Historically, auto loans have mostly been used to help everyday motorists meet the high price threshold of new vehicles. That may be changing, though. According to a recent Fox Business report, car buyers are actually using their loans to purchase used cars more often than brand new ones. What does this mean, though, both for used car buyers and for the industry as a whole?
A Clamor for Used Cars?
To start with, here is one of the most surprising revelations of the Fox Business report: It’s not just those with subpar credit who are taking out loans to purchase used vehicles. According to the report, even those with “excellent” and “spotless” credit scores are applying for auto loans to finance pre-owned vehicles.
“In the second quarter of this year, more than 43 percent of auto buyers with high credit purchased a used car with a loan,” the report says. “This is an increase of ten percent from Q2 2015.”
Of course, it’s not just customers with superior credit who are applying for vehicle loans and buying used vehicles. Some 60 percent of those in the prime credit category have elected to buy used instead of new vehicles. This, too, is a big increase from Q2 2015—an increase of 6.6 percent, to be exact.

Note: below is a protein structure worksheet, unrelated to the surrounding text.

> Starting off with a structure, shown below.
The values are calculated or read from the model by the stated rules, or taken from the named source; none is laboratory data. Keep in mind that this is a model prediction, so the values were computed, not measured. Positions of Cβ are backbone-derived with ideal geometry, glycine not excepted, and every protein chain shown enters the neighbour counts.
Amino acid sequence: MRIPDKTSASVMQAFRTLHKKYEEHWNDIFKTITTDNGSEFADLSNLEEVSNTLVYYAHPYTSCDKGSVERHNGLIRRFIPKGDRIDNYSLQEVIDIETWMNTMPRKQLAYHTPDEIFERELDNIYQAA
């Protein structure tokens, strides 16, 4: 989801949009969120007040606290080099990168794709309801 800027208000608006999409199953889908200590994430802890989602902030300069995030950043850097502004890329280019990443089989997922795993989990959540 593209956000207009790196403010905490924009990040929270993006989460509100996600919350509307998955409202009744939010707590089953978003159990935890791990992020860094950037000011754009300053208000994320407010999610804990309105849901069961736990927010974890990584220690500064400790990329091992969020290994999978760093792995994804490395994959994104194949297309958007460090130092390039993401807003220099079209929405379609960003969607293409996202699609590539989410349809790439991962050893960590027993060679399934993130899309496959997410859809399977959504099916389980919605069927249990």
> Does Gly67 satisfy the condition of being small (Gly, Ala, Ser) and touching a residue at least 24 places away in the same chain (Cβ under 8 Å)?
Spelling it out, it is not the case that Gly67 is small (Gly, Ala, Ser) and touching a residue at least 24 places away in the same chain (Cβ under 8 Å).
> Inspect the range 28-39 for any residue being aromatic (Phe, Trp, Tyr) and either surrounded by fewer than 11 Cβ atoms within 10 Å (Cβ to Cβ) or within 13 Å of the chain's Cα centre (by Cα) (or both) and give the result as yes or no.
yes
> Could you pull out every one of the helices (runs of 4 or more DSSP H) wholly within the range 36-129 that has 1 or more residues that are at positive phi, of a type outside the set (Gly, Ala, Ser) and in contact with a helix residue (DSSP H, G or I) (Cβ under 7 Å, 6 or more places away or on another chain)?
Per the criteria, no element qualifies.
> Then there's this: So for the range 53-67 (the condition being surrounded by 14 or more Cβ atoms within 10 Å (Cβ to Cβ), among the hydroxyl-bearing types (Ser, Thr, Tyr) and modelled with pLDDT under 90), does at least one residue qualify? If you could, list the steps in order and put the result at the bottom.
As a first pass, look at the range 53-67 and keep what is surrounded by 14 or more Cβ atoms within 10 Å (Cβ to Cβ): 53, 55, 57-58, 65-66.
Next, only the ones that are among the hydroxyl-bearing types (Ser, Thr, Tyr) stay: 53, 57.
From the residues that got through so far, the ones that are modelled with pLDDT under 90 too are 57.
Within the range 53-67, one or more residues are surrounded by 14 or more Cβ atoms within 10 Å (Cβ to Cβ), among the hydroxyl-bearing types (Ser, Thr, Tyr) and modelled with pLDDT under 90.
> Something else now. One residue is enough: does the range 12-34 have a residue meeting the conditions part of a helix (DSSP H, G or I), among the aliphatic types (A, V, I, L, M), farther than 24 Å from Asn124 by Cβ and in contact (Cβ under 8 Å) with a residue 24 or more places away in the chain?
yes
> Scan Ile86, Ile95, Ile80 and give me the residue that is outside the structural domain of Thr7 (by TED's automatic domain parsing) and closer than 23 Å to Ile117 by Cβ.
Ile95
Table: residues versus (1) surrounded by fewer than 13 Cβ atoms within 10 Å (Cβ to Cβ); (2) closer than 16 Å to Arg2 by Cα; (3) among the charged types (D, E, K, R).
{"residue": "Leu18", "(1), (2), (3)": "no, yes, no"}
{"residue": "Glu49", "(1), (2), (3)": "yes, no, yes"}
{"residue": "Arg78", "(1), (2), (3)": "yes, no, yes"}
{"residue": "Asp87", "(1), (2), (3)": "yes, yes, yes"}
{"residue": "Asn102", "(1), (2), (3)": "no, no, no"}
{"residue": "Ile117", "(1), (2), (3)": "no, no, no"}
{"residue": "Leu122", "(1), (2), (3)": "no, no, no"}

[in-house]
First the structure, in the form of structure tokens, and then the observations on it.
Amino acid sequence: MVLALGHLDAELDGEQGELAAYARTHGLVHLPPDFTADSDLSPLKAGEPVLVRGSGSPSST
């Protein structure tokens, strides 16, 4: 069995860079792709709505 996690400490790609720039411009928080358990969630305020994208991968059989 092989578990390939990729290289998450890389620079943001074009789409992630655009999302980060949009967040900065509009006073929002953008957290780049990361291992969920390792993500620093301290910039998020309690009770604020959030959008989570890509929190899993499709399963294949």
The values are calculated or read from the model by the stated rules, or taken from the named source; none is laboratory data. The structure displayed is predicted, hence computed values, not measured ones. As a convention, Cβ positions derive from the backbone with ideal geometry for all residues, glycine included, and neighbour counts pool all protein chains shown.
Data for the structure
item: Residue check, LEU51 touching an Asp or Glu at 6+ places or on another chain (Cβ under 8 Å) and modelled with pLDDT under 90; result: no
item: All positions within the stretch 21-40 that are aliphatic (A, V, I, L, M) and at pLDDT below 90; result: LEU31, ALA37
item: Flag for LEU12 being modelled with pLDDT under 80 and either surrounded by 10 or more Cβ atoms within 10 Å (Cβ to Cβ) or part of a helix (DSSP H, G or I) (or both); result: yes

But while the trend is clear, an explanation still eludes us: Why are so many motorists—even those who have great credit—taking out loans for used instead of brand new vehicles?
New Cars Less Affordable Than Ever
The answer is pretty simple, actually: New cars are expensive. They cost more than used ones, and they cost more all the time. The price range for new vehicles is ever inching upward, making new vehicles less accessible even to those whose financial history is unblemished.
“The costs of many new cars are now reaching record highs, with people paying $34,000 or more,” says the report. “This means that the values of auto loans are also increasing, with the average loan currently at almost $30,000. Those borrowing to purchase a used car, on the other hand, borrow less than $20,000 on average.”
Something else not found in the Fox report, but certainly important for understanding this trend: Today’s vehicles are being made so well that they stand up to a lot of wear and tear, with a lot of cars and trucks lasting well past the 200,000 mile marker. As such, buying a used vehicle—even one with 50,000, 75,000, or even 100,000 miles on the odometer—represents a better value than ever before.
All told, more than 55 percent of auto loans are being written for used vehicles these days—the most at any point in history. That’s ultimately a good sign for consumers, because it shows that, while new cars are getting less attainable, used cars are there to provide what drivers are looking for—at an affordable rate, no less.